America Springs Forward


Good Morning; as was widely predicted, the currency markets were dominated by the US bond market’s gyrations last week as the dollar rose and fell in unison with yields.

The renewed upward pressure on yields came about after President Biden finally signed the $1.9trl stimulus bill on Thursday, paving the way for each household to receive cheques for $1400.

The president also announced that he will order all states to make COVID-19 vaccinations available to all adults by May 1st with the aim that Americans will be able to celebrate Independence Day on 4th July with some semblance of normality. These moves will massively boost the economy and have heightened fears of inflation in the US, which would herald a quicker and steeper rise in interest rates than previously anticipated.

The key events in the week ahead are the US Federal Reserve’s meeting on Wednesday and the Bank of England’s on Thursday, after which we will be able to compare their actions with the European Central Bank. The ECB signalled last week that it wishes to carry on with its quantitative easing programme, as expected, and announced that it would step up its bond-buying programme if needed to keep a lid on yields. Their actions aim to stimulate the economy by flooding it with cash and can be partly explained by the continuation of extensive lockdowns in parts of Europe. The ECB’s moves are in complete contrast to the Federal Reserve who are happy to see yields rise as their main concern is still an unemployment level which is still nearly 10 million higher than at the start of the pandemic. Currently, the UK and the pound sit somewhere in the middle, with the successful vaccine roll out dominating traders’ thoughts, and it is unlikely that the BoE will rock the boat this week.


With children returning to school last week, many parents breathed a sigh of relief, it signalled the start of a return to normality. It is hoped that the COVID-19 caseload continues to decline as it has been doing, and the rest of the population can successfully follow the roadmap back to normality that Boris Johnson has laid out. The pound is still benefitting from the vaccine’s rapid rollout and has gained nearly a cent against the dollar in the last week to open at $1.3920. The vaccine dividend is seen as so powerful by investors that, at least for the time being, the increasing friction with the EU is all but being ignored. One event dominates the week ahead, the Bank of England’s monthly meeting, followed by Andrew Bailey’s press conference, on Thursday. A cautiously upbeat assessment of the economy is expected to be presented alongside no change in policy, neither of which should impact the pound.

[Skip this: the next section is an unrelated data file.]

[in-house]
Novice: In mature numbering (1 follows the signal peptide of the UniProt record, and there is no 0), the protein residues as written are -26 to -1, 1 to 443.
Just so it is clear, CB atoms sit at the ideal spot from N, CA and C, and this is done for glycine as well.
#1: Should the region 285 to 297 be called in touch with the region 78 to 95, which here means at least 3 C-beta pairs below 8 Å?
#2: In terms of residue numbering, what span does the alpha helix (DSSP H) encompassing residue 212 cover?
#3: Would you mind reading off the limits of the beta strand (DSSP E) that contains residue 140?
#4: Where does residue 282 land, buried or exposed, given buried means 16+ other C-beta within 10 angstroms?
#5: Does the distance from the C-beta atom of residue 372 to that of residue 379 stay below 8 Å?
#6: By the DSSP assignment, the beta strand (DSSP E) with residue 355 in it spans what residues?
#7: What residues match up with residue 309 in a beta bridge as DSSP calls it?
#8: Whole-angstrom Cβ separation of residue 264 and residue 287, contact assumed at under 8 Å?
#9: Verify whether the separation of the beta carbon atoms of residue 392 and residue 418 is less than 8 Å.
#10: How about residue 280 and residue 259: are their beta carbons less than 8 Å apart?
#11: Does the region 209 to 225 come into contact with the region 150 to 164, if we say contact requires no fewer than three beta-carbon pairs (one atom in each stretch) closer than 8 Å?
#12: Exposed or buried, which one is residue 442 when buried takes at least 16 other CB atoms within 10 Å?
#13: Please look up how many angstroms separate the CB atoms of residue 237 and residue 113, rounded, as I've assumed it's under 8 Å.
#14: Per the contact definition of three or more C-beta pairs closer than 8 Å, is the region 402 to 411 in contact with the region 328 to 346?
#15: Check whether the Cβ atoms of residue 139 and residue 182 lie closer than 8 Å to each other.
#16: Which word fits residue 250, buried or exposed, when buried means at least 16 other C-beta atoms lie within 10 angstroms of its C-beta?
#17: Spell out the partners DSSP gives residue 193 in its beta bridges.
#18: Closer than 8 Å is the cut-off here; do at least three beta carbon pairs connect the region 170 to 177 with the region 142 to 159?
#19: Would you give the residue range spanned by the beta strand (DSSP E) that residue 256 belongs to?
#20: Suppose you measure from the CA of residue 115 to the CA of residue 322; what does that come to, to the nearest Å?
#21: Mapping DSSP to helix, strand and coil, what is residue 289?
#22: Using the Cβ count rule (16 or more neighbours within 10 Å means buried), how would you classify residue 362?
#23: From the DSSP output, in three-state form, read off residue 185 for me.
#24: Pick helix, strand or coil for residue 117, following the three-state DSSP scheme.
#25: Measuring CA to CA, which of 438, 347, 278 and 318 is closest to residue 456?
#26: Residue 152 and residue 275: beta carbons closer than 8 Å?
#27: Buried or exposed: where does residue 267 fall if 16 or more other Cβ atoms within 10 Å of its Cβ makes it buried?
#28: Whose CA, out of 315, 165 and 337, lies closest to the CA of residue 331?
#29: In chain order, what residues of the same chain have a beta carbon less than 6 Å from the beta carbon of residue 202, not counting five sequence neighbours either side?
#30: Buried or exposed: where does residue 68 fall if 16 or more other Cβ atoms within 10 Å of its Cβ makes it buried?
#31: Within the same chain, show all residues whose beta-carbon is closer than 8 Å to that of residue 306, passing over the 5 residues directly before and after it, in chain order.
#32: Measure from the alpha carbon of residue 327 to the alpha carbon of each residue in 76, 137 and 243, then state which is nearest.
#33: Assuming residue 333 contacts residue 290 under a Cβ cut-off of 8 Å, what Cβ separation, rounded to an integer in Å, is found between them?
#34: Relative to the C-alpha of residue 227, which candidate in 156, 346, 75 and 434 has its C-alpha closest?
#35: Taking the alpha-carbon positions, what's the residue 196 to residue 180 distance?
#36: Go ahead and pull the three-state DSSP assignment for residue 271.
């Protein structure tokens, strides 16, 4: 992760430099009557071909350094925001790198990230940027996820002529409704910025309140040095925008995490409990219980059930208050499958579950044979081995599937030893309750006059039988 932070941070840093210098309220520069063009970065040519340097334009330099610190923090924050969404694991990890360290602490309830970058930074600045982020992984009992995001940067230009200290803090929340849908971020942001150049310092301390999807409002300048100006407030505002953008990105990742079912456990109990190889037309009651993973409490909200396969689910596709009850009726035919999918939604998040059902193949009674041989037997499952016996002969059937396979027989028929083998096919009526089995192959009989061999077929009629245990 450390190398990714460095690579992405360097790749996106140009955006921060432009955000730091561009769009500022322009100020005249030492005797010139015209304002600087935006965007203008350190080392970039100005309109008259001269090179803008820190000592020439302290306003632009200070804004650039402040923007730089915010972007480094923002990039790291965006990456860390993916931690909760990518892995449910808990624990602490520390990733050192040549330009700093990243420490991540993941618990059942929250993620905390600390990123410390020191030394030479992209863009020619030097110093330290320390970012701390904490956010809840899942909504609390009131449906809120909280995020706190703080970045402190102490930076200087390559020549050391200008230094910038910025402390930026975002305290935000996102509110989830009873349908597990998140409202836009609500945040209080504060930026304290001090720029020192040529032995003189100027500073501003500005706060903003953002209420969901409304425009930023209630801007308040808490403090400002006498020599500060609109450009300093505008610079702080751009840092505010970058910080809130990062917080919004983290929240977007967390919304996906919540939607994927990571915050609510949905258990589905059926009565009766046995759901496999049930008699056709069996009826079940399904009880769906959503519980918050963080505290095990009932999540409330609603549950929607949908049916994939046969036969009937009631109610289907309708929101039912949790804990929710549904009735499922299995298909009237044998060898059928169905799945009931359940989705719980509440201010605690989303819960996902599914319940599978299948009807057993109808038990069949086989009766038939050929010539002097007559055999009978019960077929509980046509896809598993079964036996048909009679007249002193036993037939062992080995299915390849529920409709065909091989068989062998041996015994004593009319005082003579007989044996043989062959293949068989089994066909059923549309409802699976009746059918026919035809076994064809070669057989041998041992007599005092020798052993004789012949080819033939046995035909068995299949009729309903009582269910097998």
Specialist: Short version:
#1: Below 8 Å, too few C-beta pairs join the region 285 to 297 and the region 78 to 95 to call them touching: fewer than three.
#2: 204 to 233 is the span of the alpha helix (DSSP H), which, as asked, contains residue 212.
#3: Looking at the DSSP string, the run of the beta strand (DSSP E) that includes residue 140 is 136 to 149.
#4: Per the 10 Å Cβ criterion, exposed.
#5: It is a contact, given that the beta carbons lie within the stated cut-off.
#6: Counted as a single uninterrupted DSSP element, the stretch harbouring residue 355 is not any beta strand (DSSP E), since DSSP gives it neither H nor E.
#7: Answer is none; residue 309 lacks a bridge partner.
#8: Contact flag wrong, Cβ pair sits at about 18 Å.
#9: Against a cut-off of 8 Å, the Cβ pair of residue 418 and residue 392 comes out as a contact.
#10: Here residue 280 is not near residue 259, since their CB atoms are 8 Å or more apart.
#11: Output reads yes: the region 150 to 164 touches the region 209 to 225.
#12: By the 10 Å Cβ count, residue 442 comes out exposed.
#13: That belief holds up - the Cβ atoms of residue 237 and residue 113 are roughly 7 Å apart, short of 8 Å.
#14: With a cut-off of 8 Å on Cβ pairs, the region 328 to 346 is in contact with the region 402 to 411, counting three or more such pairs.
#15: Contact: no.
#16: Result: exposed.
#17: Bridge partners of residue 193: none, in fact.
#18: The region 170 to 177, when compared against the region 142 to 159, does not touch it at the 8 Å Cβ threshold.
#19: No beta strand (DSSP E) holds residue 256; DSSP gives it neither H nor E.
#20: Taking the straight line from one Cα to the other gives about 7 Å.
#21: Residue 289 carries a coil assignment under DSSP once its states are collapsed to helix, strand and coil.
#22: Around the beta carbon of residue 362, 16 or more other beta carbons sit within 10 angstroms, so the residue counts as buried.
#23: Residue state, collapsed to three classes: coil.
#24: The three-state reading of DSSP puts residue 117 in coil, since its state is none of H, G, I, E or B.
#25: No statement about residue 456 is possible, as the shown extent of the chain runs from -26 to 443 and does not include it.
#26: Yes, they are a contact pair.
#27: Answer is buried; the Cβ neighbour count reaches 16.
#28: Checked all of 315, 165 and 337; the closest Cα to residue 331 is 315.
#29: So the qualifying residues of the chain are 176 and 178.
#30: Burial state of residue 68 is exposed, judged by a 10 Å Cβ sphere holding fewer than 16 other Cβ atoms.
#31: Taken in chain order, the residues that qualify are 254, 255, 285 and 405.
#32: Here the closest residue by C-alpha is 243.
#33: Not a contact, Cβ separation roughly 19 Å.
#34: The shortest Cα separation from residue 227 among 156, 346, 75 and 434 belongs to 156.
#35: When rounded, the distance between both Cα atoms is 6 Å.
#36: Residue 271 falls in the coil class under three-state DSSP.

Europe is still battling with rising case numbers and slow vaccine rollouts exacerbated by ongoing doubts about the AstraZeneca vaccine. These worries and the continued intervention to keep bond yields low by the ECB has subdued the euro, and it has opened this morning at €1.1650 against sterling. Yesterday’s regional elections in Germany showed a slump in support for the ruling CDU party as it bore the brunt of the blame for the poor vaccine rollouts. This could be the first signal that Germany and Europe will struggle to find solid leadership in the post-Merkel world and worry investors in the euro. In the short term, the euro’s direction will most likely come from the Central Bank meetings in London and Washington with little on its data docket to detract. Amongst the little data released, the highlight is likely to be the Consumer Price Index on Wednesday and Germany’s Producer Price Index on Friday.


With clocks springing forward in the United States over the weekend, we are now one-hour closer, albeit temporarily, until March 28th, when ours also move forward, and the US markets’ impact will be felt earlier in the day. As mentioned previously, the US bond market, and in particular the yield on 10-year bonds has been the driving force behind the dollar. With US yields rising with what appears to be benign neglect by its Central Bank, the opposite is happening in Europe, and the euro continues to suffer, opening this morning at $1.1930. This week’s dominant event is the Federal Open Market Committee meeting on Wednesday when we expect that the Federal Reserve will reiterate its commitment to lower unemployment at all costs. Away from the Fed, US data released over the next few days is expected to be somewhat underwhelming. February retail sales should come in lower after the stimulus-inspired January surge. Also released are the February Industrial Production numbers, which will be most likely distorted by the last of the winter storms.


The krona had a volatile week but was essentially traded within an 8 öre range against the euro and sterling. An unfavourable article by an esteemed Bloomberg FX analyst surfaced on Thursday saying that the recent sluggish performance of the krona, despite it being tipped to be the best performing G10 currency 2021, has made some market participants wary and that they are now changing their predictions for the year and instead of turning their eye towards the krone instead. NOK/SEK is now trading above parity which symbolises the spectacular comeback the krone has made in precisely a year. Today we are watching the latest inflation figures from Sweden closely. They are expected to come in unchanged at 1.6% on a year-on-year basis.
In Norway, Norges Bank Governor Olsen is setting the Deposit Rate on Thursday. He is not expected to announce any changes, but as always, the press conference afterwards will be the key for us to watch. The krone has a lot of momentum and wind in its sails at the moment, which means that any sign of more positivity can further its gains against most currencies. We will therefore monitor the NOK/SEK cross to see if it heads higher, which would mean that more krona is being sold in favour of krone, causing further krone strength in the short term.